The survey also finds that children around the world share some common fears. Three in 10 (30%) said they were most afraid of animal, with snakes (15%) topping the list, followed by death/accidents/disease (20%) and war/terror/violence (15%). Marked differences are found in specific countries, for example, the number of children afraid of war, terror and violence is significantly higher in Afghanistan, where 61% of surveyed children reported this fear.

Growing up in two different worlds: Australia & Afghanistan

In Afghanistan, it is striking to hear the views of children who have never known peace. Living daily through the perils of war, not fought on distant battlefields but in their own homes and villages, children are living a childhood not imaginable in countries such as Australia, ‘I am afraid of war’, said one child, ‘because it has killed the children and youth of our country.’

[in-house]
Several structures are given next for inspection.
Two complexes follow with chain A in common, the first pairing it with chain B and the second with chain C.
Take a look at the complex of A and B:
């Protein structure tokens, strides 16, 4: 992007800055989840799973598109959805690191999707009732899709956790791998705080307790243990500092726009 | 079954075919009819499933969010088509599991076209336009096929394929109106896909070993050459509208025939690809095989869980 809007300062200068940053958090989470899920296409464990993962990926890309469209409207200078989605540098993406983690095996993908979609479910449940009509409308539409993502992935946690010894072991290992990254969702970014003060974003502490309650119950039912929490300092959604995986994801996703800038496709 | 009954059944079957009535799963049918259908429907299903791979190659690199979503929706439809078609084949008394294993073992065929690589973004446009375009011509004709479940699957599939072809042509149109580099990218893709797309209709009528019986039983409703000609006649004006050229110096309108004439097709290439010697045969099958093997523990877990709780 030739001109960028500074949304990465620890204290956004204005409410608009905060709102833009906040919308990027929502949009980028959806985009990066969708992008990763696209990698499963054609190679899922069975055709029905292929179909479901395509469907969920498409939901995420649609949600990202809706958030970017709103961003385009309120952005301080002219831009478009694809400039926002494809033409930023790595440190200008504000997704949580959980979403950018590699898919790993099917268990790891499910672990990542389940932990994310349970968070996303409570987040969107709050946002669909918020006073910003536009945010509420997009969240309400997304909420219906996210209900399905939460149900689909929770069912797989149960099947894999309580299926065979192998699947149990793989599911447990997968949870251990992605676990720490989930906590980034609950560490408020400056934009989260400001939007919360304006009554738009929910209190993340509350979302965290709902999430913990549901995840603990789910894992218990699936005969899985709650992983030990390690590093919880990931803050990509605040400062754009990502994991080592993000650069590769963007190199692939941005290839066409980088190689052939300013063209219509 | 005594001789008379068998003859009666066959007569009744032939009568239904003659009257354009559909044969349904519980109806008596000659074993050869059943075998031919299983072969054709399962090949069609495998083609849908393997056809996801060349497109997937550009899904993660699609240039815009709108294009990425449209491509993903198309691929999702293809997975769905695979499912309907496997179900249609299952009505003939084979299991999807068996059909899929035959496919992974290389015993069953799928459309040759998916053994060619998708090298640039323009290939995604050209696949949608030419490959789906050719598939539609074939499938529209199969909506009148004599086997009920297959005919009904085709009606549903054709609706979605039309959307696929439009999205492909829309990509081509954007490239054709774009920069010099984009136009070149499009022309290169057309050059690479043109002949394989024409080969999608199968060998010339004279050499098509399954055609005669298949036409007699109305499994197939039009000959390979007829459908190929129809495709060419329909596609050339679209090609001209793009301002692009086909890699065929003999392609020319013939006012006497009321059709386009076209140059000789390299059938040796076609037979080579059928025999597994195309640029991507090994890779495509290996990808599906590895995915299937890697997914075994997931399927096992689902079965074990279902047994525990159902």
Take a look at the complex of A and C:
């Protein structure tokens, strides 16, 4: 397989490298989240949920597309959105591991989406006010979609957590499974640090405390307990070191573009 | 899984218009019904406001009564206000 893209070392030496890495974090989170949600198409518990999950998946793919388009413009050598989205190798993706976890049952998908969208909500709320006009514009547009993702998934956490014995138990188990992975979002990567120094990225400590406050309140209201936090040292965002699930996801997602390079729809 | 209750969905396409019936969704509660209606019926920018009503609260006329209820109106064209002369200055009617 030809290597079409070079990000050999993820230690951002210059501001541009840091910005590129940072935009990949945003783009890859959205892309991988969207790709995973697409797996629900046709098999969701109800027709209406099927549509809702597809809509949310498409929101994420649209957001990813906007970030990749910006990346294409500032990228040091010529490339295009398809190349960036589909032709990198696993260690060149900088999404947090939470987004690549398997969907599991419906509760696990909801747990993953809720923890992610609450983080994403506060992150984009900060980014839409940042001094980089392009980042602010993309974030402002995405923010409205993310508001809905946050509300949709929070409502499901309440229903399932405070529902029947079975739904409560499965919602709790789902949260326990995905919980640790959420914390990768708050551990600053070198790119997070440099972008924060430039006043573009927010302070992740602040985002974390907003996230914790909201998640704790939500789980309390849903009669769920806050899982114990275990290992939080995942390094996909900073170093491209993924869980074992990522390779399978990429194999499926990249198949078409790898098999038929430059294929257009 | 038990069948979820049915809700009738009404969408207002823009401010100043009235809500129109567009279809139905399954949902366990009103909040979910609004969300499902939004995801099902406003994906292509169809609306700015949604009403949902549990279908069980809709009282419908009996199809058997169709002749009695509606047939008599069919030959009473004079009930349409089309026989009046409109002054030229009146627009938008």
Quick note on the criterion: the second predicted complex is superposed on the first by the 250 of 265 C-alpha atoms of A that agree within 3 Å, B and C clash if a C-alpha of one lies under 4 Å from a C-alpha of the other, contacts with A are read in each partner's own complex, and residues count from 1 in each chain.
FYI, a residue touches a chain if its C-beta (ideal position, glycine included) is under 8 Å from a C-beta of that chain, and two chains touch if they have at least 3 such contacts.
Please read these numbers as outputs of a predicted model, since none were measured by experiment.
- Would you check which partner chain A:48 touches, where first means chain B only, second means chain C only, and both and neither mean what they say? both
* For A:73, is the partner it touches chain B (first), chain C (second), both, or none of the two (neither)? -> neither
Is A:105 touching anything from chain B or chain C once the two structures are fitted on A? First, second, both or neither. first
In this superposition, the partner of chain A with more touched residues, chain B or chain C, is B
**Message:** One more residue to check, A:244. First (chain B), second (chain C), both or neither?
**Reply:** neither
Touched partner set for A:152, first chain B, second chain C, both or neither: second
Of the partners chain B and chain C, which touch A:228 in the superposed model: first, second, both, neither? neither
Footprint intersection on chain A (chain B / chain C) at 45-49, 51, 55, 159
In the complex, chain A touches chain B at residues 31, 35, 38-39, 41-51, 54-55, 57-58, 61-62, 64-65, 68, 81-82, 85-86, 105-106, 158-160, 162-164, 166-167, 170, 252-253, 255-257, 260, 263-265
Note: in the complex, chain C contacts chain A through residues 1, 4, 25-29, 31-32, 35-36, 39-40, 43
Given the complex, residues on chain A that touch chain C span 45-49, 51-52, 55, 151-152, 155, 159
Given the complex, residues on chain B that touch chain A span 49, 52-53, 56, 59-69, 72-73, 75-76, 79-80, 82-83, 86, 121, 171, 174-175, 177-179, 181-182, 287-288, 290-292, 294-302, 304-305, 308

ChildFund has worked in Afghanistan since 2001, initiating an emergency response just days after the ceasefire that followed the first US-led military action. Today, ChildFund Afghanistan works in 151 communities in the four provinces of Takhar, Kunduz, Badakhshan and Baghlan, reaching 277,000 children and family members. Programs prioritise the community-led provision of health, education and livelihood opportunities for parents, while strengthening the protective environment for children.

While news reports focus on the new US-led military strategy in Afghanistan, it is critical to remember that this country remains one of the most difficult places in the world to be a child.

The stark differences between a childhood in Australia and a childhood in Afghanistan are apparent in the children’s responses to the ChildFund Alliance survey:

  • 61% of children in Afghanistan reported being afraid of war, terror and violence ‘I am scared of aeroplanes, bombs and suicide attacks’, compared to 14% in Australia.
  • 50% of children surveyed in Afghanistan reported spending half a day or more doing work or chores (not including school work), compared to 9% in Australia.